Going with the Flow


“Sometimes when we were stuck, we’d stop for a minute to rest, regain our strength and let the waves take us for awhile. Even when we weren’t going anywhere, it was still sailing.” -Addison on Private Practice

Yes, I’m quoting an ABC TV show but I think it is a very important point that the character makes during one of her therapy sessions. She’s in the process of trying to have a baby and after failed IVF treatments,  has opted for using a surrogate. The process seems long and daunting and her fears keep popping up every step of the way. Her instincts are telling her to take a step back, regroup, process the thoughts, feelings and emotions she is going through before making any big decisions. Addison finds comfort in the decision to stop, for now. To put the brakes on and take a deep breath.

We often fear that if we aren’t making a decision, then we are letting life pass us by but in reality, choosing to not make a decision is a decision in itself. To take a moment and let the waves of life carry you still counts as living. Sometimes the desire to make a decision can feel almost paralyzing. Elizabeth Gilbert wrote in her latest book, Committed, “The problem, simply put, is that we cannot choose everything simultaneously. So we live in danger of becoming paralyzed by indecision, terrified that every choice might be the wrong choice.”

So rather than beat ourselves up over our indecision and our fears, isn’t it a much better idea to relinquish the stress, the power, the weight of our perceived failures and just let life happen? Isn’t it better to go with the flow?



The writer Koa Beck posted an interesting criticism in today’s Huffington Post. It was on the writer Elizabeth Gilbert and her most recent memoir, Committed. The piece by Beck can be seen as a feminist rant on what she considers to be Gilbert’s self-absorption. Beck takes aim at women’s fiction by comparing Gilbert’s work to the sea of pink covers at your local bookstore chain.

The neurotic female protagonist perpetually on the hunt for a man and who finds solace in an array of Gucci purses has always been safely contained by the chick-lit genre, a shelf that can be ignored in a bookstore and clicked past in Amazon.

Beck goes on to say that Gilbert’s phenomenally successful memoir, Eat, Pray, Love,  reads like “one long Seventeen magazine spread, the appropriate title perhaps being, ‘How I Traveled for an Entire Year and Still Managed to Only Obsess About Myself and My Problems.'”

I am all for literary criticism and this is not the first time I have heard criticism of Gilbert’s work reminiscent in tone and content. However, I wonder if Beck believes that women coming to terms with their own identity and spending time on self-reflection is a negative endeavor.  I visited Beck’s site and her writing is extremely strong.  However, as a fan of Elizabeth Gilbert, whom I met a few months ago and is as cool in person as she appears on page, and women’s fiction in general, I take issue with her quick dismissive attitude towards entertaining books that offer glimpses into the lives of women.  Yes, not all women’s fiction succeeds in telling succinct, interesting stories, but then again, not all literary fiction succeeds either. I have found that a large portion of literary fiction titles leave me feeling depressed and hopeless, not exactly the ideal reaction to art and creativity. What’s wrong with being entertained? And to be entertained while looking at your own life choices, even better! Can’t you enjoy literary and commercial fiction without having to choose on over the other?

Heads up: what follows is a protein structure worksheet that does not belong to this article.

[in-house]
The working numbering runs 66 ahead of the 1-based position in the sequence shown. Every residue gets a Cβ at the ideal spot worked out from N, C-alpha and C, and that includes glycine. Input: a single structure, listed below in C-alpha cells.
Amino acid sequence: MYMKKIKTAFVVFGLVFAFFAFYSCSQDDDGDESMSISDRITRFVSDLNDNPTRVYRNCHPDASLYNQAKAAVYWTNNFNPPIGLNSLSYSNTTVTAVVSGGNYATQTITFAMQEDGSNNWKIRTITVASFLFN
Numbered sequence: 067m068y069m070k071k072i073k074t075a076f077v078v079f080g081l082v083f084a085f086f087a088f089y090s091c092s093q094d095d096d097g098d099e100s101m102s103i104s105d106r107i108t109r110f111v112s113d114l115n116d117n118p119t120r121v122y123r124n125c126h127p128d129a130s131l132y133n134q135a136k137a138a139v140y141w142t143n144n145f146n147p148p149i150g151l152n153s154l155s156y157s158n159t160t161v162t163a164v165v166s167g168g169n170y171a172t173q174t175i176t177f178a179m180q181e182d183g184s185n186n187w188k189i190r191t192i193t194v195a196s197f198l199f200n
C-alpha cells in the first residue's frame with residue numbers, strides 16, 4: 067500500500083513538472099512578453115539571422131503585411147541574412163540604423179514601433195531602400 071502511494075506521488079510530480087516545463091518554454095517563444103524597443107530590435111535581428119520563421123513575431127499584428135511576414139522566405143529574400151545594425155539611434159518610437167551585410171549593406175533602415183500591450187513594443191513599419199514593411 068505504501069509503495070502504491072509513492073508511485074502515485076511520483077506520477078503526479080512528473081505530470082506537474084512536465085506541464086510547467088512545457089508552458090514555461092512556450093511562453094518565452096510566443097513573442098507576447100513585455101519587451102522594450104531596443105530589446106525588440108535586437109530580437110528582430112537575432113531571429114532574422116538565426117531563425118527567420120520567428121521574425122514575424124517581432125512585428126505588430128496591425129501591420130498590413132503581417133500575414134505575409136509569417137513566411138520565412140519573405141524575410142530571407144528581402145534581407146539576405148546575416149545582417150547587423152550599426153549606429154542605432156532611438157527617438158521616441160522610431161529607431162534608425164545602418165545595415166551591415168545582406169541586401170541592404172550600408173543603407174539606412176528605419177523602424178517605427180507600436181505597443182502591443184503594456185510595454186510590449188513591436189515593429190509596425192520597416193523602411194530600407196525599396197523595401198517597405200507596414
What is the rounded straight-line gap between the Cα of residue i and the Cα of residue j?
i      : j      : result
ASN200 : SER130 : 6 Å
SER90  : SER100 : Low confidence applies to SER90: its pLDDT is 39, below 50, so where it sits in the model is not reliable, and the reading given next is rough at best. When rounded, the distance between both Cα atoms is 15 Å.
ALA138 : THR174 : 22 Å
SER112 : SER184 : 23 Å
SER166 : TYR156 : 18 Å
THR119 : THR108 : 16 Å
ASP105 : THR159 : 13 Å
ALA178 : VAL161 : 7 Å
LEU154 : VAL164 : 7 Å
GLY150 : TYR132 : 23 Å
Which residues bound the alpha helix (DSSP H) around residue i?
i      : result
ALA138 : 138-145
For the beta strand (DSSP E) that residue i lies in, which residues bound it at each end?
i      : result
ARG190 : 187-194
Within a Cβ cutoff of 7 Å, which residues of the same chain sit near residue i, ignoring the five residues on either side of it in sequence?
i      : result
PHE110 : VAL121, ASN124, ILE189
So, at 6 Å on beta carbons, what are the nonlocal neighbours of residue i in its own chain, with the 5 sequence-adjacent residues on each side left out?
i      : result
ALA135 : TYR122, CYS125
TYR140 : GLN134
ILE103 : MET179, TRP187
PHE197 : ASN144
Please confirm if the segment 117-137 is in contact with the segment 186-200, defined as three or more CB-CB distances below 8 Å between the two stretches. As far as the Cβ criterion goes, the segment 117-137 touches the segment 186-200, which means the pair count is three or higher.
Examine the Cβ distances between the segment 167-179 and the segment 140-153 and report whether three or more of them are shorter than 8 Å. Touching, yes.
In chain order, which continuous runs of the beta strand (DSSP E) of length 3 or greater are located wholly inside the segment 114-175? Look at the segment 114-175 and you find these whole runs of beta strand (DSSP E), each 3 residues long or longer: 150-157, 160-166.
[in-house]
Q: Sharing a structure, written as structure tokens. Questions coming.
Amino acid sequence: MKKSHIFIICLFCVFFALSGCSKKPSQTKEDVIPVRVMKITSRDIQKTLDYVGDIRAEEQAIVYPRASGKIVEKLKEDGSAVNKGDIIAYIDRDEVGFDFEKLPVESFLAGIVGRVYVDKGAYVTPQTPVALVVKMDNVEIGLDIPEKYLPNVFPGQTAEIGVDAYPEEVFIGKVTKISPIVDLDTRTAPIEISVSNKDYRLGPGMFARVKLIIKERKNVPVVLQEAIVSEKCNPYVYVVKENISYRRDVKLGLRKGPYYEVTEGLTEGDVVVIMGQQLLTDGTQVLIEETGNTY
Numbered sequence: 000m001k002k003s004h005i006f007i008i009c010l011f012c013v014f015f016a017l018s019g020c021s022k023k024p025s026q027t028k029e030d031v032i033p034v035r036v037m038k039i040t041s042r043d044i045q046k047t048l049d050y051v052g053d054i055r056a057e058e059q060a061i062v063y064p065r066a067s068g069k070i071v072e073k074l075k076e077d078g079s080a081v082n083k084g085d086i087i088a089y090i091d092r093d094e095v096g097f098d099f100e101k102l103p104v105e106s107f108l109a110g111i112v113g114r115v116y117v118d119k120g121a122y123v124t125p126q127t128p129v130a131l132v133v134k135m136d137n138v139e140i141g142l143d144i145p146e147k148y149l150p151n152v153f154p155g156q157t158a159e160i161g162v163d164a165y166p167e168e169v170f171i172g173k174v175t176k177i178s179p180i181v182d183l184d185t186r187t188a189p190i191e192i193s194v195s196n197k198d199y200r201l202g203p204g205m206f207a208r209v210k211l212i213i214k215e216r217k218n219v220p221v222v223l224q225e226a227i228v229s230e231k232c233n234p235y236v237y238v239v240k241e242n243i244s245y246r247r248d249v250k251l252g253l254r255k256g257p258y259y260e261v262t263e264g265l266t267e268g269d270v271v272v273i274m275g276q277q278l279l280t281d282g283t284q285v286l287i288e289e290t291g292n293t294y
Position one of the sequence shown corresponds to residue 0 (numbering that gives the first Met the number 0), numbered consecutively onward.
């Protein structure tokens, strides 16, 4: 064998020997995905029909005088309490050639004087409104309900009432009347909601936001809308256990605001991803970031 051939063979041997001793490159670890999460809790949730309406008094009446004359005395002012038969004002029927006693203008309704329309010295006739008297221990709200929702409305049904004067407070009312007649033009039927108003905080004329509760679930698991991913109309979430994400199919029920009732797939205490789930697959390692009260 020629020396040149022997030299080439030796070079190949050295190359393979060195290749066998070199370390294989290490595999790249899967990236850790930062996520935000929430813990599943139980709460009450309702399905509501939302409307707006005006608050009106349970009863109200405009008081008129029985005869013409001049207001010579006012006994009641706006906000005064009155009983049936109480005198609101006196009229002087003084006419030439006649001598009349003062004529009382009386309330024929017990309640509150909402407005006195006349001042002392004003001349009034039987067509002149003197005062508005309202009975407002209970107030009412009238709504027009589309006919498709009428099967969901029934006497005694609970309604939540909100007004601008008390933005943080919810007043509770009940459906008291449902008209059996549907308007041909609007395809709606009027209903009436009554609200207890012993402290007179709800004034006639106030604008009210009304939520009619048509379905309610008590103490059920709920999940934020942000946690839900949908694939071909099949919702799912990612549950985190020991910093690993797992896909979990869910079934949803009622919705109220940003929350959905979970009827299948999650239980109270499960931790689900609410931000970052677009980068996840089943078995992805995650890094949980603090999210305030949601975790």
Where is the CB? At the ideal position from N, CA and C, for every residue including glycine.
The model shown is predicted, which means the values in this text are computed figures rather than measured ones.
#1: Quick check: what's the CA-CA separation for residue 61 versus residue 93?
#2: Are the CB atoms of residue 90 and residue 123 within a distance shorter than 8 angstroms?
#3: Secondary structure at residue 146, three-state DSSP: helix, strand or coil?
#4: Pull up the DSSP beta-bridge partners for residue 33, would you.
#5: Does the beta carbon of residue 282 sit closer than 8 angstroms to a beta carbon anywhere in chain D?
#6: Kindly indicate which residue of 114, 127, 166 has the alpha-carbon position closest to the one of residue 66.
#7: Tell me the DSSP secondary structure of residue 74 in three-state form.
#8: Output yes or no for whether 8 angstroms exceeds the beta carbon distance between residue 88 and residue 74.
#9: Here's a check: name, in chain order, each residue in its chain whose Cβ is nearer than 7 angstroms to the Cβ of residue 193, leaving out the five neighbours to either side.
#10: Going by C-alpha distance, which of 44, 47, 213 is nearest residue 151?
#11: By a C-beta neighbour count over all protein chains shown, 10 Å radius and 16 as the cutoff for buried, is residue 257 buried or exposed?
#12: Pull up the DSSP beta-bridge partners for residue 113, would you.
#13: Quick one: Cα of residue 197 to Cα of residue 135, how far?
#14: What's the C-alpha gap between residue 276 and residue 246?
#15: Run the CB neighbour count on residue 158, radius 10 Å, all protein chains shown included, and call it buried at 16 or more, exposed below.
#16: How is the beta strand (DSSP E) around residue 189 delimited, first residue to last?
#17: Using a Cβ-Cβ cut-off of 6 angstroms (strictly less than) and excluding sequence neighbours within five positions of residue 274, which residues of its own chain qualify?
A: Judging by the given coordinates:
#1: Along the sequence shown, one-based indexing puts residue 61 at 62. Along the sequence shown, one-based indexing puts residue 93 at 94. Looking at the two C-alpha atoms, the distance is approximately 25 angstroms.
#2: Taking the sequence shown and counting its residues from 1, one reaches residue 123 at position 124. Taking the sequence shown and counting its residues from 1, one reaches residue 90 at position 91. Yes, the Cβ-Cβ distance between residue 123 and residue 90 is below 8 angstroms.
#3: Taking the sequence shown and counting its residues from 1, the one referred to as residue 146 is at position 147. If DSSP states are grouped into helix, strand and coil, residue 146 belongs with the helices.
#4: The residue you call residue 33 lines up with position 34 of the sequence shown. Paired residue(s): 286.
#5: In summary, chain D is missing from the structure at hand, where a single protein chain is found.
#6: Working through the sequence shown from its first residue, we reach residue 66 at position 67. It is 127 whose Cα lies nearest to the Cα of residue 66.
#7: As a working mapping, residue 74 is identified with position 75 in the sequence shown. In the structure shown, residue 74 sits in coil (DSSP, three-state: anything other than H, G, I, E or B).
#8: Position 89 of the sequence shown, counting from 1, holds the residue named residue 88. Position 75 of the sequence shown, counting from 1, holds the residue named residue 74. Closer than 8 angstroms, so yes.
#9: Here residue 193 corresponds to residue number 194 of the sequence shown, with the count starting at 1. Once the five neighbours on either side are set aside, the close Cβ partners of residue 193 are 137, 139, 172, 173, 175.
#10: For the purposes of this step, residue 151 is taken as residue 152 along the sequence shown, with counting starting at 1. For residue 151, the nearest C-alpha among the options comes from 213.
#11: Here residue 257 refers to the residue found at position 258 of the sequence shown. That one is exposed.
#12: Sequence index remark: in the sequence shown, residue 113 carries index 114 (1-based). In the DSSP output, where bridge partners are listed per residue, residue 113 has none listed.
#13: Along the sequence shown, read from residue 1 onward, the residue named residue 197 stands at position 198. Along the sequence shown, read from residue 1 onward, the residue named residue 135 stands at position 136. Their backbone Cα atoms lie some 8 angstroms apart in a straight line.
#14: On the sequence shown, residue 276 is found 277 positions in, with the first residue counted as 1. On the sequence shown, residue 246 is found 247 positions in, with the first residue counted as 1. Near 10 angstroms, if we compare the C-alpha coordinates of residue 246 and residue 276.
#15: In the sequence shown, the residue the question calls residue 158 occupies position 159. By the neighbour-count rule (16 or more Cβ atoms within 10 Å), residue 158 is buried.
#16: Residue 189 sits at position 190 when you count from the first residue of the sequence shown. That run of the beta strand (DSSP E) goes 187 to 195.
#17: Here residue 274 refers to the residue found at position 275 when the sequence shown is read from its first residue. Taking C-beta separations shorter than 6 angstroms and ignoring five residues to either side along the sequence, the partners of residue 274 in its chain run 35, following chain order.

Another question Beck’s post raised for me is about the issue of self-absorption. Is it wrong to be self-absorbed? Isn’t it smart to fully understand your motivation and actions? Aren’t we always being told that the strongest relationship you ever build should be with yourself? I have said before that I tend to put others first and that I need to start putting some quality “me” time into my daily routine. So self-absorption is not a problem I face. However, I don’t think it is an action that should be condemned. Yes, if you are ignoring everyone else for the sake of your own wants and needs, that could lead to a detrimental problem. But we all could stand to be more connected to our inner guides, our thoughts and feelings, and overall individual comprehension and appreciation of life.

Is self-absorption a bad thing?

Is self-reflection the same thing as being self absorbed?

Elizabeth Gilbert on Marriage

Great interview with Elizabeth Gilbert over at the Seattle Post. She discusses the phenomenal popularity of Eat, Pray, Love and gives insight into her next book which I’m sure more than a few readers are eagerly anticipating!

Here’s what she had to say about her upcoming book:

I spent a year studying the institution of marriage. I wanted to think my way into an institution that I do not feel much comfort with. We’ve now been married two years.

I wouldn’t mind doing “Eat, Pray, Love II” if that’s what were on my mind, but it isn’t. The book I’ve just finished writing is what happened to me and the Brazilian guy, the romantic guy in the book. He’s been my husband for two years, my partner for four. It’s a very different thing …

Update: Here is a fantastic speech that Elizabeth Gilbert gave this month. Check it out! It is completely worth it and something you will thoroughly enjoy!